April 26, 2021
State, Civic, Military, & Veterans Affairs Committee
Colorado House of Representatives
200 E Colfax Avenue
Denver, CO 80203
via electronic submission
RE: Verified Voting Opposition to Senate Bill 21-188
Dear Committee Members,
On behalf of Verified Voting, I write in opposition to Senate Bill 21-188 regarding electronic ballot return. Verified Voting is a nonpartisan nonprofit organization with a mission to strengthen democracy for all voters by promoting the responsible use of technology in elections. Since our founding in 2004 by computer scientists, we have acted on the belief that the integrity and strength of our democracy rely on citizens’ trust that each vote is counted as cast. With this in mind we oppose allowing voted ballots to be returned electronically through insecure means, a dangerous practice that SB 21-188 regrettably expands.
Multiple cybersecurity experts have concluded that internet voting is insecure. The National Academies of Sciences, Engineering and Medicine released a report in 2018 stating that the technology to return marked ballots securely and anonymously over the internet does not exist.1 Additionally, in the lead up to the 2020 General Election, the Department of Homeland Security, the Election Assistance Commission, the Federal Bureau of Investigation, and the National Institute of Standards and Technology told states and election officials that electronic ballot return “creates significant security risks to the confidentiality of ballot and voter data (e.g., voter privacy and ballot secrecy), integrity of the voted ballot, and availability of the system. We view electronic ballot return as high risk. Securing the return of voted ballots via the internet while ensuring ballot integrity and maintaining voter privacy is difficult, if not impossible, at this time [emphasis added].”2 Nothing has changed; no new internet technology has been created to mitigate this risk.
The City of Denver participated in an electronic ballot return pilot for UOCAVA voters in 2019. The Massachusetts Institute of Technology (MIT) performed a security analysis of the vendor chosen to conduct that pilot and found that the vendor “has vulnerabilities that allow different kinds of adversaries to alter, stop, or expose a user’s vote, including a sidechannel attack in which a completely passive network adversary can potentially recover a user’s secret ballot.”3
Some argue that since we can bank on our smartphones then we should be able to vote securely using a smart device as well. As one Citibank executive put it, “not all smartphones are secure, and not all smartphones are secured in the same way. Financial institutions spend a lot of time and money protecting the accounts of their users. We work with phone vendors like Apple and Samsung on security. Are states or the federal government going to spend the same money we spend on security? Not likely.”4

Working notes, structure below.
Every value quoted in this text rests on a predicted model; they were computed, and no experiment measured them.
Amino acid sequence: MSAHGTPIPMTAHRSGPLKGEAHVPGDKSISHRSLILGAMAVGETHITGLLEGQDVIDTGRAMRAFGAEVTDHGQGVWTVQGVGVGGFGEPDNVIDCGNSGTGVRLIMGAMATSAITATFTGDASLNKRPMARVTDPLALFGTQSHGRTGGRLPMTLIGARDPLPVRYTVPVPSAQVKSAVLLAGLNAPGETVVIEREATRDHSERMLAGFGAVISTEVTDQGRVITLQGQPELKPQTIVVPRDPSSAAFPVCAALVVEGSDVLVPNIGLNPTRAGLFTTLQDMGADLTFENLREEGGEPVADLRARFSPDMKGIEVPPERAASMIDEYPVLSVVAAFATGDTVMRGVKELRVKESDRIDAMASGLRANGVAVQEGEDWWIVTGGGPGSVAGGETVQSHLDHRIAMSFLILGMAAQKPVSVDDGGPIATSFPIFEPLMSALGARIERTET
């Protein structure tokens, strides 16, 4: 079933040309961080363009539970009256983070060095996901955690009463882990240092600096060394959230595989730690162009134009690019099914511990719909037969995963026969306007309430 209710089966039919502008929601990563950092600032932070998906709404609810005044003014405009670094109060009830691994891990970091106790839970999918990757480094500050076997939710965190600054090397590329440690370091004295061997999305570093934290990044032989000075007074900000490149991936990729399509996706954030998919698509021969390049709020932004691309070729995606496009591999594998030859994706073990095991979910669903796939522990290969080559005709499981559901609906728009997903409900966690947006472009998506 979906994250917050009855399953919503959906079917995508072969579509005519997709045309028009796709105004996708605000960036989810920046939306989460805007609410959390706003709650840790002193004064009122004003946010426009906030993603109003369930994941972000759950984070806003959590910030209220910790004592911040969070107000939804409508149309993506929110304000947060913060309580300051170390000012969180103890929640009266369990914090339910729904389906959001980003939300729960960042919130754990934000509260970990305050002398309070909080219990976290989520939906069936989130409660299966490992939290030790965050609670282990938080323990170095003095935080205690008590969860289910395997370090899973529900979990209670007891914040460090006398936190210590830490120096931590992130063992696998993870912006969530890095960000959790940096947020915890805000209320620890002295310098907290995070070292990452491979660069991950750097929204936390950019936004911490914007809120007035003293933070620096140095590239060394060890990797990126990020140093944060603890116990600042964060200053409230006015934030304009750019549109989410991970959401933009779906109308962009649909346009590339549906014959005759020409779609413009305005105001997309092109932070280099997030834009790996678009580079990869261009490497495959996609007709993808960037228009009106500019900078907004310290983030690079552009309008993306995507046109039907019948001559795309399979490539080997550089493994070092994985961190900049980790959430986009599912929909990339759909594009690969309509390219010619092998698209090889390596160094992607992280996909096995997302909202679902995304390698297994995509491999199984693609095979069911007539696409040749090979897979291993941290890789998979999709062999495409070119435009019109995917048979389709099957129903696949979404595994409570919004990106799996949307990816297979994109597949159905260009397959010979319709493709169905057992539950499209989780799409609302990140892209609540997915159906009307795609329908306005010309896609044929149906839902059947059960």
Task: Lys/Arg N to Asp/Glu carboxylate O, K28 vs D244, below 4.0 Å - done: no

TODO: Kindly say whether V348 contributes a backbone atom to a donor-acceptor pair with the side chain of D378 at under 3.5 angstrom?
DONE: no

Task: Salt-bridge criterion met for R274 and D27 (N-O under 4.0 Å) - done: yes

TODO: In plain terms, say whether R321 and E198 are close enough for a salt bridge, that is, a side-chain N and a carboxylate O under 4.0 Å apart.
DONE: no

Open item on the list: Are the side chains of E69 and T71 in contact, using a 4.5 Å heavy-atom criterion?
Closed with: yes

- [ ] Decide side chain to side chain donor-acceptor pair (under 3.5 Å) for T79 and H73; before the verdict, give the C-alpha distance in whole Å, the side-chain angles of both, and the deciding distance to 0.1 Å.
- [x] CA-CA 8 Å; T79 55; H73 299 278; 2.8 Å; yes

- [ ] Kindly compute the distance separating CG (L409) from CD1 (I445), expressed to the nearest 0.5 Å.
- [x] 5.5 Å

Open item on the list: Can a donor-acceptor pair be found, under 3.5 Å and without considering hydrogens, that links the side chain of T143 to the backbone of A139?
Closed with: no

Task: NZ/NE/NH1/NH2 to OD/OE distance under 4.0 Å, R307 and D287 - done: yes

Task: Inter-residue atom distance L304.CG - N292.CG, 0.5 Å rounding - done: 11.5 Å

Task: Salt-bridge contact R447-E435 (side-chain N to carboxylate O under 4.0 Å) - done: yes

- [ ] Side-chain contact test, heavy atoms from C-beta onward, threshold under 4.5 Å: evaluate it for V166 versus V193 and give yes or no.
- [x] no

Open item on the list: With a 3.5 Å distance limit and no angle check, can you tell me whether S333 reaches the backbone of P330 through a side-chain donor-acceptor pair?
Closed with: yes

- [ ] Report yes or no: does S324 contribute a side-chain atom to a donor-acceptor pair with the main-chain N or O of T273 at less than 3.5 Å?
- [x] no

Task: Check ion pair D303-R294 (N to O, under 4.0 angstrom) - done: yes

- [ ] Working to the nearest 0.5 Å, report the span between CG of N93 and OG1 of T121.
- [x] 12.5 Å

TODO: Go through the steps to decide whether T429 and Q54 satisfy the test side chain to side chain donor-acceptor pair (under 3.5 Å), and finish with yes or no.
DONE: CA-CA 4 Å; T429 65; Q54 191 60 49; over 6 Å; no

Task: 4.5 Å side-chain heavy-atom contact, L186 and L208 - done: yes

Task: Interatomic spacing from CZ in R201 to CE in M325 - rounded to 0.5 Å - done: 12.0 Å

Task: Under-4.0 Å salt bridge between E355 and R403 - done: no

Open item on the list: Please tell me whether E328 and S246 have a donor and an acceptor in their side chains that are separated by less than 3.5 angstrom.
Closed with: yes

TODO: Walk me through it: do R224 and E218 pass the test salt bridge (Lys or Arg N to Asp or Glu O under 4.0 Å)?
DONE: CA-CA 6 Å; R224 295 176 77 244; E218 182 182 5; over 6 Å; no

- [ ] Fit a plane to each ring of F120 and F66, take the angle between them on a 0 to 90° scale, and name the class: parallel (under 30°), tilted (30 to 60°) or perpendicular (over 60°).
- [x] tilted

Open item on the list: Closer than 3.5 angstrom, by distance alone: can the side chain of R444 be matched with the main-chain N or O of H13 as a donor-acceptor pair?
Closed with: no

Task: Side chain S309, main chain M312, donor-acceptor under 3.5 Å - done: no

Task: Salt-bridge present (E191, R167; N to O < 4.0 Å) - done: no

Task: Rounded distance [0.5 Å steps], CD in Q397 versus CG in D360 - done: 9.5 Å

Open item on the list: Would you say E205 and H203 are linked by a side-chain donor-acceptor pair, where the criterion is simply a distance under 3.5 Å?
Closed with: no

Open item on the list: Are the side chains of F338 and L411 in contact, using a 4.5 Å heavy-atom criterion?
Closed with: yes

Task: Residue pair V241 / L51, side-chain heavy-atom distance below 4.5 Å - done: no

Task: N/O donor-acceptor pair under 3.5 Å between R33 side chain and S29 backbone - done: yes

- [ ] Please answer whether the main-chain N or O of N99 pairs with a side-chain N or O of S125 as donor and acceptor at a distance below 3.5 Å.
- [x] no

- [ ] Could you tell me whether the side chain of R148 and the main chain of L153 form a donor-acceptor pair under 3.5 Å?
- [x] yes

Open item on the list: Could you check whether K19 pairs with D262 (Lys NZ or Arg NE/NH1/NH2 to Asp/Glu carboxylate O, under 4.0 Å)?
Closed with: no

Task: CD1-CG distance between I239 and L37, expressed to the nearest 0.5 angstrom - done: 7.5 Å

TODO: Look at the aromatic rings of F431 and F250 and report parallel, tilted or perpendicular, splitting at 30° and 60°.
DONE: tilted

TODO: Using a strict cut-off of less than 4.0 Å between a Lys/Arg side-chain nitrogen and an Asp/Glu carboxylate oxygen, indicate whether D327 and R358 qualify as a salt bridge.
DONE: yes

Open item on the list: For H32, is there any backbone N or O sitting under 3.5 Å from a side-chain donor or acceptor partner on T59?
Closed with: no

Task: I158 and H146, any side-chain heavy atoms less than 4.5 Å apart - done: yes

Blockchain does not solve the security issues inherent to internet voting.
The National Academies report states that “blockchain technology does little to solve the fundamental security issues of elections, and indeed, blockchains introduce additional security vulnerabilities.” Blockchain technology is designed to keep information secure once it is received. It cannot defend against the multitude of threats to that information before it is entered in the blockchain, and voters cannot verify their votes are entered into the blockchain correctly without compromising ballot secrecy. Recording ballots on a blockchain also risks ballot secrecy if encryption keys are not properly protected or software errors allow decryption of individual ballots.
We understand the profound challenges you face to assure every voter’s ability to vote. Verified Voting strongly supports interventions to assure voters’ equal opportunity and access to cast their vote — securely and verifiably. Electronic return fails to confer this equality, and it threatens the trustworthiness of the election itself. Recognizing that no current solution is ideal for all voters, we support thoughtful consideration of other secure innovations. We would be happy to participate in further discussions of how to meet the standard of equal access and uncompromised security. One such solution could be providing on-demand services for voters who require them, such as election officials bringing portable accessible voting equipment directly to individual voters.
We realize that Colorado UOCAVA voters are currently permitted to return their voted ballots via fax or email. We regard this as a dangerous precedent to be reversed, not expanded. At a time when election security and public confidence are under attack, electronic return of voted ballots presents a slippery slope to vulnerable and insecure elections. We therefore urge that SB 21-188 be rejected.
- National Academies of Science, Engineering, and Medicine, 2018. “Securing the Vote: Protecting American Democracy.” Washington, DC: The National Academies Press. https://doi.org/10.17226/25120. [↩]
- DHS Memo. https://www.politico.com/f/?id=00000172-9406-dd0c-ab73-fe6e10070001 [↩]
- Massachusetts Institute of Technology, 2020. “The Ballot is Busted Before the Blockchain: A Security Analysis of Voatz, the First Internet Voting Application Used in U.S. Federal Elections.” https://internetpolicy.mit.edu/wp-content/uploads/2020/02/SecurityAnalysisOfVoatz_Public.pdf [↩]
- Dan Patterson, “Why Can’t I Vote on My Phone?,” CBS News (CBS Interactive, November 2, 2020), https://www.cbsnews.com/news/why-cant-i-vote-on-my-phone/. [↩]